Rastafarians not high on new ‘ganja’ bill

Sizwe Sibiya

There was a haze of smoke over Durban Central on Thursday as Rastafarians protested against the Cannabis for Private Purposes Bill which officially took effect in 2020.

Khehla Buthelezi, a 37-year-old Rasta from Ntuzuma township in Durban, told Scrolla.Africa they are not at all happy about the new cannabis laws.

“The law now restricts us to very few plants. Before the bill was passed we used to plant more than ten marijuana plants. The police would only confiscate and burn them – without arresting us.

“Now with the new law if you are found with four plants you could get a sentence of up to 12 years,” said Khehla.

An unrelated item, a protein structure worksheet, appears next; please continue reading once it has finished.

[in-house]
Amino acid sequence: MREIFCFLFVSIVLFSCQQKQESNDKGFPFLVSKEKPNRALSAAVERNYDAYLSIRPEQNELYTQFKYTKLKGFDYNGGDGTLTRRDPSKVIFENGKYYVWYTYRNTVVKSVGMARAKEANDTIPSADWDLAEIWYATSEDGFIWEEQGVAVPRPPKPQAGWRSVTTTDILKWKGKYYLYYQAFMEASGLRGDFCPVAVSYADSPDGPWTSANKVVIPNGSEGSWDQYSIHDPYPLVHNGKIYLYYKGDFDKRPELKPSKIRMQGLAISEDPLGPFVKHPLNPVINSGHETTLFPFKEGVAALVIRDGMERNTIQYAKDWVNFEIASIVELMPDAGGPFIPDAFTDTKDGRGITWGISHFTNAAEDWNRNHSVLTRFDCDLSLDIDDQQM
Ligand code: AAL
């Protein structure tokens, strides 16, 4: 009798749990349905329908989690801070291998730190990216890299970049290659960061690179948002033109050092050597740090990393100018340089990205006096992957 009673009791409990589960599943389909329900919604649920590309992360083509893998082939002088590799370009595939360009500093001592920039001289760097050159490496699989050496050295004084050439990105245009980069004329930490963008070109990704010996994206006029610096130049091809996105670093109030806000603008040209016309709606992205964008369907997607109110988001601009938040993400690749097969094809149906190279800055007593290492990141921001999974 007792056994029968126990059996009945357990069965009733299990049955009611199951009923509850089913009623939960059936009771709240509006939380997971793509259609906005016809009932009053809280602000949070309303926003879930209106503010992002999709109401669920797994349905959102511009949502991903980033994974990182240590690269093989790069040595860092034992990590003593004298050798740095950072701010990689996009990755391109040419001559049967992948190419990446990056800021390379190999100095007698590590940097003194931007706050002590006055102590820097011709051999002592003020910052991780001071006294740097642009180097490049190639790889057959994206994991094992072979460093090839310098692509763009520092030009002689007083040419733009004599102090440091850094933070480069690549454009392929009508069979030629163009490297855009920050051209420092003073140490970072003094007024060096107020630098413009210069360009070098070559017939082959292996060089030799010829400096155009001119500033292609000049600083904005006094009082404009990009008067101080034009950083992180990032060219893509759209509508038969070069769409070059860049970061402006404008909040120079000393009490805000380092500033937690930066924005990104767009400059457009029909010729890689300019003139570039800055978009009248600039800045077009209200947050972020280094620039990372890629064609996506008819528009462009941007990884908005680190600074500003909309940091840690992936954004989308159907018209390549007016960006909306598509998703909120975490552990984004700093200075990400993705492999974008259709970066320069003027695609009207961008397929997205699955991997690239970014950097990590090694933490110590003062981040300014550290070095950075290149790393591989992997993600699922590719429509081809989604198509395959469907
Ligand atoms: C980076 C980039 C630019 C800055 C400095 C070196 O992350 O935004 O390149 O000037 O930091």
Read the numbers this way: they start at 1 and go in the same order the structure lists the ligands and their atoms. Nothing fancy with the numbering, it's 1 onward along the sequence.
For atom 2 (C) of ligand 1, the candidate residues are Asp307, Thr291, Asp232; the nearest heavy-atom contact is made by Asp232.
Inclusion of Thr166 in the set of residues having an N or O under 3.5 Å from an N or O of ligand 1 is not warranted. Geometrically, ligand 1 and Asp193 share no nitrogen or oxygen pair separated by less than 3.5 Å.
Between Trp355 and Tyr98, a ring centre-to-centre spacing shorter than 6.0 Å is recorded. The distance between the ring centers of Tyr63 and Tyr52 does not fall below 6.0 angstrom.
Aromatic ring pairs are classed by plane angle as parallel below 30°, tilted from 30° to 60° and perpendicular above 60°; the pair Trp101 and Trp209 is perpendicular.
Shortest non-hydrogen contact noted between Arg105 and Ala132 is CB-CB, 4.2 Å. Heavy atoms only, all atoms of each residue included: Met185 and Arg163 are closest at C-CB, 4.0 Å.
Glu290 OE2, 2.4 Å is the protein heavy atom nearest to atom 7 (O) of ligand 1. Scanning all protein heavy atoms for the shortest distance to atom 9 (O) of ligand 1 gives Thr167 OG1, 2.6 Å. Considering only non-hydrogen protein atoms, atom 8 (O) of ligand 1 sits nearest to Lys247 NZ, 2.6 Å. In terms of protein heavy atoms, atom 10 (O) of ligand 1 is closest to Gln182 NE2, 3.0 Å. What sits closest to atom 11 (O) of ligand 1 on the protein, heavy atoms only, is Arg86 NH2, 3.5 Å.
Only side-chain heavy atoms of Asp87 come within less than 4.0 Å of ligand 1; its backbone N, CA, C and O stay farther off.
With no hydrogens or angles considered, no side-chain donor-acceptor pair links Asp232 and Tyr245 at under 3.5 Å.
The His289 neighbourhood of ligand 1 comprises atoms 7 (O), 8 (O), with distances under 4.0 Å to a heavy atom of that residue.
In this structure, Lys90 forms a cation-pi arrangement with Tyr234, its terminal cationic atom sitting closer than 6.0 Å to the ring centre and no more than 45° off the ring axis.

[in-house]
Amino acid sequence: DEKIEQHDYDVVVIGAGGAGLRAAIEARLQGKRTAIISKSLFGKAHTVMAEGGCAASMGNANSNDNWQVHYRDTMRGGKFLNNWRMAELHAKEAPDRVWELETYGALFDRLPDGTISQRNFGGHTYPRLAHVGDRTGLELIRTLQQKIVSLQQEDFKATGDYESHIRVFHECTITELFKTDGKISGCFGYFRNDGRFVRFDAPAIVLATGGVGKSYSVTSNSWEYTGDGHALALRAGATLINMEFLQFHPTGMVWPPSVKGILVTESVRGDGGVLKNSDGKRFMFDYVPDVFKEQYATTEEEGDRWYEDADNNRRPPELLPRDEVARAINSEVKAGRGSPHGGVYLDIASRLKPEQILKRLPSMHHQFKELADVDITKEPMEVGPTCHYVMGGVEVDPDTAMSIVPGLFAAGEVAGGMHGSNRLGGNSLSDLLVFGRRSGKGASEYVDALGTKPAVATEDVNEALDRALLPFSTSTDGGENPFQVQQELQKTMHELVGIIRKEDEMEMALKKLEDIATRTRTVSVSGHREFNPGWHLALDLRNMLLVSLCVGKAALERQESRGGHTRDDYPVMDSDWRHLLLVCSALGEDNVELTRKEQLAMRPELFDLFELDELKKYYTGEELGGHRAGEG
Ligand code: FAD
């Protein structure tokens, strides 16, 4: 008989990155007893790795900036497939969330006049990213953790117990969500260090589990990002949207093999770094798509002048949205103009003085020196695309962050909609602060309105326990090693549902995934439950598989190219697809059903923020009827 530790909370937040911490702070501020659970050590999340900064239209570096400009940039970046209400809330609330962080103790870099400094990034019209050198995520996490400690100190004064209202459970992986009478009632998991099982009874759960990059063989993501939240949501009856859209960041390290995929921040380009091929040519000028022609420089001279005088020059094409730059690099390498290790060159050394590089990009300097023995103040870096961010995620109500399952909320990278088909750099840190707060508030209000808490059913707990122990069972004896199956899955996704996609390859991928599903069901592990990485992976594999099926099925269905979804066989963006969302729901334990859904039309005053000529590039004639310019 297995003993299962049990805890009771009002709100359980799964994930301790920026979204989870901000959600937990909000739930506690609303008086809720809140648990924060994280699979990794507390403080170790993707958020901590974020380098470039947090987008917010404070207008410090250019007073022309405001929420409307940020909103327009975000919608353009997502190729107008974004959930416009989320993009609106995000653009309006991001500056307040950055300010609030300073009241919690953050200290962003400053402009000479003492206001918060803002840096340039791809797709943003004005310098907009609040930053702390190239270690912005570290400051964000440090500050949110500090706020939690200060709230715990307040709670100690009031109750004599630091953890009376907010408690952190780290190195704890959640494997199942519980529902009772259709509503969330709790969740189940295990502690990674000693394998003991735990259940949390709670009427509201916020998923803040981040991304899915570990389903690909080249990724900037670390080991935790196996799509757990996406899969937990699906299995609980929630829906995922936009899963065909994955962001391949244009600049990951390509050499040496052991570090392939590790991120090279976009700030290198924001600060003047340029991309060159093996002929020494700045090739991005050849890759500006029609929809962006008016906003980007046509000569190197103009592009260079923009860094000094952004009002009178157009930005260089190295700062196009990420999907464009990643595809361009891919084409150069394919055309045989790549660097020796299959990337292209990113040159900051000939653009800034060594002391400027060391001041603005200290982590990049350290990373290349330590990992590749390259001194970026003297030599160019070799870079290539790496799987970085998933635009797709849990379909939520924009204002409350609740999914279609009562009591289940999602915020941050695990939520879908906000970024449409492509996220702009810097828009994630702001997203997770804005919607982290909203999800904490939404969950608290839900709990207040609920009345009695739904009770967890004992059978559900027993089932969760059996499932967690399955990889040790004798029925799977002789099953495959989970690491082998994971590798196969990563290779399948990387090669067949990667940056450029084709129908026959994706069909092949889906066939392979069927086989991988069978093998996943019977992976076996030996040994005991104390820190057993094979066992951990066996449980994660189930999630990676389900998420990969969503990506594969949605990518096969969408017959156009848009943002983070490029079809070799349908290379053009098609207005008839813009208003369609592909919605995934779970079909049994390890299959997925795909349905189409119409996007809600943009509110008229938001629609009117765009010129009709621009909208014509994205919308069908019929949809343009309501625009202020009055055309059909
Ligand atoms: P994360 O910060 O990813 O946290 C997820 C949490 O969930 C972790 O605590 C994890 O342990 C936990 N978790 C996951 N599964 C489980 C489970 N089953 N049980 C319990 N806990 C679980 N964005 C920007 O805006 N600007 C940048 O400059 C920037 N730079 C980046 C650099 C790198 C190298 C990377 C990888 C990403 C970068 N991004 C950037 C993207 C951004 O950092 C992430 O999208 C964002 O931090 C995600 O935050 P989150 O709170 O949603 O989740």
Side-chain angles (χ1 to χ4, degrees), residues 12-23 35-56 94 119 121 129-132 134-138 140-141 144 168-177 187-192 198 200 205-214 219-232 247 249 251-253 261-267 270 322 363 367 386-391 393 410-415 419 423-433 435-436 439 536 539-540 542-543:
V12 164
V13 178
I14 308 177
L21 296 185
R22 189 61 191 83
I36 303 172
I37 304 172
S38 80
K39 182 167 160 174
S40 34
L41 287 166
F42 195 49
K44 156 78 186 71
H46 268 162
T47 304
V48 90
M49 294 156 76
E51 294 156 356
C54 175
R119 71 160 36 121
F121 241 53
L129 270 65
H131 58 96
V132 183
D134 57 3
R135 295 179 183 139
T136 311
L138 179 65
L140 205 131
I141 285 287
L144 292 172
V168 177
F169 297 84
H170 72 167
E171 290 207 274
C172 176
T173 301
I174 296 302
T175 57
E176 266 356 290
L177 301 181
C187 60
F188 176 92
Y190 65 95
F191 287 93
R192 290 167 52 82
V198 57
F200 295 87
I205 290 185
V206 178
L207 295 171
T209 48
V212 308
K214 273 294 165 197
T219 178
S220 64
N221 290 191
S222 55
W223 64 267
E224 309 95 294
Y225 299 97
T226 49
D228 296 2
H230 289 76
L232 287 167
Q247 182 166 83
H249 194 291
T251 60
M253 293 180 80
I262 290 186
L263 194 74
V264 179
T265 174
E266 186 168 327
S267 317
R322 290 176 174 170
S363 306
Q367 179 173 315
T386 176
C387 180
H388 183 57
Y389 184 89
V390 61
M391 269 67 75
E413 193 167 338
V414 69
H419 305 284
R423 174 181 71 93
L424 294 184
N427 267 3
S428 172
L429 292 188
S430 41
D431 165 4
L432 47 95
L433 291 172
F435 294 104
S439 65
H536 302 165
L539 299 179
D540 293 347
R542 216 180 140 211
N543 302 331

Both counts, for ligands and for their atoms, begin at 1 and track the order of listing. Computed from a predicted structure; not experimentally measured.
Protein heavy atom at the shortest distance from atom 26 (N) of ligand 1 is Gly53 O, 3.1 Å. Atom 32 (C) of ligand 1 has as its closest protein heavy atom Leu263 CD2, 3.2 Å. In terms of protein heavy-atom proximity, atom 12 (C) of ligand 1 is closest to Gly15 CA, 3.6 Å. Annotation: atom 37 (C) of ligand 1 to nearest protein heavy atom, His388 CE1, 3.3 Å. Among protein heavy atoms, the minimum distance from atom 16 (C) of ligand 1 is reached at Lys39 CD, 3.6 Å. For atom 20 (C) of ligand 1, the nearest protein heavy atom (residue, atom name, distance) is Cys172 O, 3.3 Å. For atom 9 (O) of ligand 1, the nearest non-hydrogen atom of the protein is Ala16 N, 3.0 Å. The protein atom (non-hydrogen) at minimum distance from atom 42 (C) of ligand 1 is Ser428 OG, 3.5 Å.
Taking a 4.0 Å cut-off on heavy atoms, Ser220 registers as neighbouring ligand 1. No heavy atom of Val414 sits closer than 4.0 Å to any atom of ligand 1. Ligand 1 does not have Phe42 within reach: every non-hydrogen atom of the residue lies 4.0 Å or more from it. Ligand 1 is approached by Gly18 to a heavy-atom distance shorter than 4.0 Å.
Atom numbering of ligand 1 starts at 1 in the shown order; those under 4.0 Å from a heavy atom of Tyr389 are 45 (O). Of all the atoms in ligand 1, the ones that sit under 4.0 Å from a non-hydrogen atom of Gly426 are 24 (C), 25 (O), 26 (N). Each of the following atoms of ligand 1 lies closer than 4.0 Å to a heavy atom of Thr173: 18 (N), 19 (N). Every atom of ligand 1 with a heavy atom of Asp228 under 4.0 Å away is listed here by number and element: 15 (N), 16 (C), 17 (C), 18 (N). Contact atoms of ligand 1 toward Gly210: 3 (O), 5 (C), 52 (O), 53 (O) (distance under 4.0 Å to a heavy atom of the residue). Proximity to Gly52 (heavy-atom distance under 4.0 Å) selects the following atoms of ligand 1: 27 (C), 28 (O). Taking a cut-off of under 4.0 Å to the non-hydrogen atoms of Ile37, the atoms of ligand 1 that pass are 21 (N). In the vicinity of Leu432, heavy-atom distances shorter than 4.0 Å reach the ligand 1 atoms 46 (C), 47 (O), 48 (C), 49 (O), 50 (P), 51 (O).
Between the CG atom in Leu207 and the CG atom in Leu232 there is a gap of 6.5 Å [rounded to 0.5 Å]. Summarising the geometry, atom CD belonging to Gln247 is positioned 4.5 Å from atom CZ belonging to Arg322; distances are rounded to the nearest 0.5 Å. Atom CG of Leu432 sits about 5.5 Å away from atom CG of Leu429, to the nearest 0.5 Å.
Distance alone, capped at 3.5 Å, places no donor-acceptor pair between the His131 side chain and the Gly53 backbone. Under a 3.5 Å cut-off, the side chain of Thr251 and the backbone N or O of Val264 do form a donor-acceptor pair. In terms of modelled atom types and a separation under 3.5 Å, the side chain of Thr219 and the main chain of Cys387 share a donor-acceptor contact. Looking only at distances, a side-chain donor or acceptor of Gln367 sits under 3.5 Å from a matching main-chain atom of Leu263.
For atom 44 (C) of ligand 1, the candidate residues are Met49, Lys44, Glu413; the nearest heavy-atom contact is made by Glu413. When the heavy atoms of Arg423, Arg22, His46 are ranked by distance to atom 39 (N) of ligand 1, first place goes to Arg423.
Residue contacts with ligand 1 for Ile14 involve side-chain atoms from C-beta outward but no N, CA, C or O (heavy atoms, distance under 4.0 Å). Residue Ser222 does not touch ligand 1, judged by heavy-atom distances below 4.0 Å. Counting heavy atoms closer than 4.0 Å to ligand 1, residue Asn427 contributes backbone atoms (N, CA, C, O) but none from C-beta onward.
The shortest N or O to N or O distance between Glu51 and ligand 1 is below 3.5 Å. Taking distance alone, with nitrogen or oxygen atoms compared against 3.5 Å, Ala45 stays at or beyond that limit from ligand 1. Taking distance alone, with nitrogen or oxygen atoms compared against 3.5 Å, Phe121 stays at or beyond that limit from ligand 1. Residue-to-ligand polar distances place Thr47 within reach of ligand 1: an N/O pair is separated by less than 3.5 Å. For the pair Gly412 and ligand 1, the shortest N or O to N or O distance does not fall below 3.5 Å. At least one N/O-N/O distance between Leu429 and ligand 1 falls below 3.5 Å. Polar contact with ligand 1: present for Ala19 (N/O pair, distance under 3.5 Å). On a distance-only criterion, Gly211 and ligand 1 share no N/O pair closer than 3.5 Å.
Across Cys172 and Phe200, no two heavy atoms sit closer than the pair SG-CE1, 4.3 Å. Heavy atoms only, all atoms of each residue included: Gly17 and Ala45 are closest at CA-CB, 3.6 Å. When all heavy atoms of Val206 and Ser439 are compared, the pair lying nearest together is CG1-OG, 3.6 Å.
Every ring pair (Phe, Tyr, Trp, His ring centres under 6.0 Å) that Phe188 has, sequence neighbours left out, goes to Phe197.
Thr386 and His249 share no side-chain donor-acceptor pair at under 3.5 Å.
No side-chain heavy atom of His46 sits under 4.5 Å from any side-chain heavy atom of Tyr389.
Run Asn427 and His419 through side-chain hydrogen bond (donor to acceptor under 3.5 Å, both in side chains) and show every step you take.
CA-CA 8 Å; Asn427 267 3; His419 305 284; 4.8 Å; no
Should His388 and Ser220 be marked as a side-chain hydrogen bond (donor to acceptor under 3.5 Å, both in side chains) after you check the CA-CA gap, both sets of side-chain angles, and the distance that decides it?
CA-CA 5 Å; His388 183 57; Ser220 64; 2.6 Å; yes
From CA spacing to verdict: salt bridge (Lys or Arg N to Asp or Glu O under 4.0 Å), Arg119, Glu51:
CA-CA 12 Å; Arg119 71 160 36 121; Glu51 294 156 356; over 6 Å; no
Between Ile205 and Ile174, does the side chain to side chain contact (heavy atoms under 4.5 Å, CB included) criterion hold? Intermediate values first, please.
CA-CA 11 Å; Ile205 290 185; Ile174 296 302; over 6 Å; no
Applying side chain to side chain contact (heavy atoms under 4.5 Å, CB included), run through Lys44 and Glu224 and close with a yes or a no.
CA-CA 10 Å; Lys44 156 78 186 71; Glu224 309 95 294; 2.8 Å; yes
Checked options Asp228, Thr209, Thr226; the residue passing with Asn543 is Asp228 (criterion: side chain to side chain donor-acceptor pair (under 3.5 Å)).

The new bill allows companies with certificates to harvest marijuana for medicinal use in the country.

Conference Mgenge from Endumeni in Eshowe said they are against the new Bill as it now adds to “all our struggles including discrimination against our religion and beliefs.

“I have been arrested multiple times for having marijuana plants and every time my dreadlocks were cut off in jail.

“Rastafarians don’t get employment in government. And our children are taught to not live the Rastafarian way we taught them. All that needs to be addressed,” said Conference, a respected leader of the Rastas.

Sister Don, whose real name is Noma Mthembu, said it is not true that cannabis smokers are hoodlums “as most people think”.

She said: “We have doctors, lawyers and teachers among us. In fact there are Rastafarians in every profession in South Africa,” said Sister Don who is from Chesterville, Durban.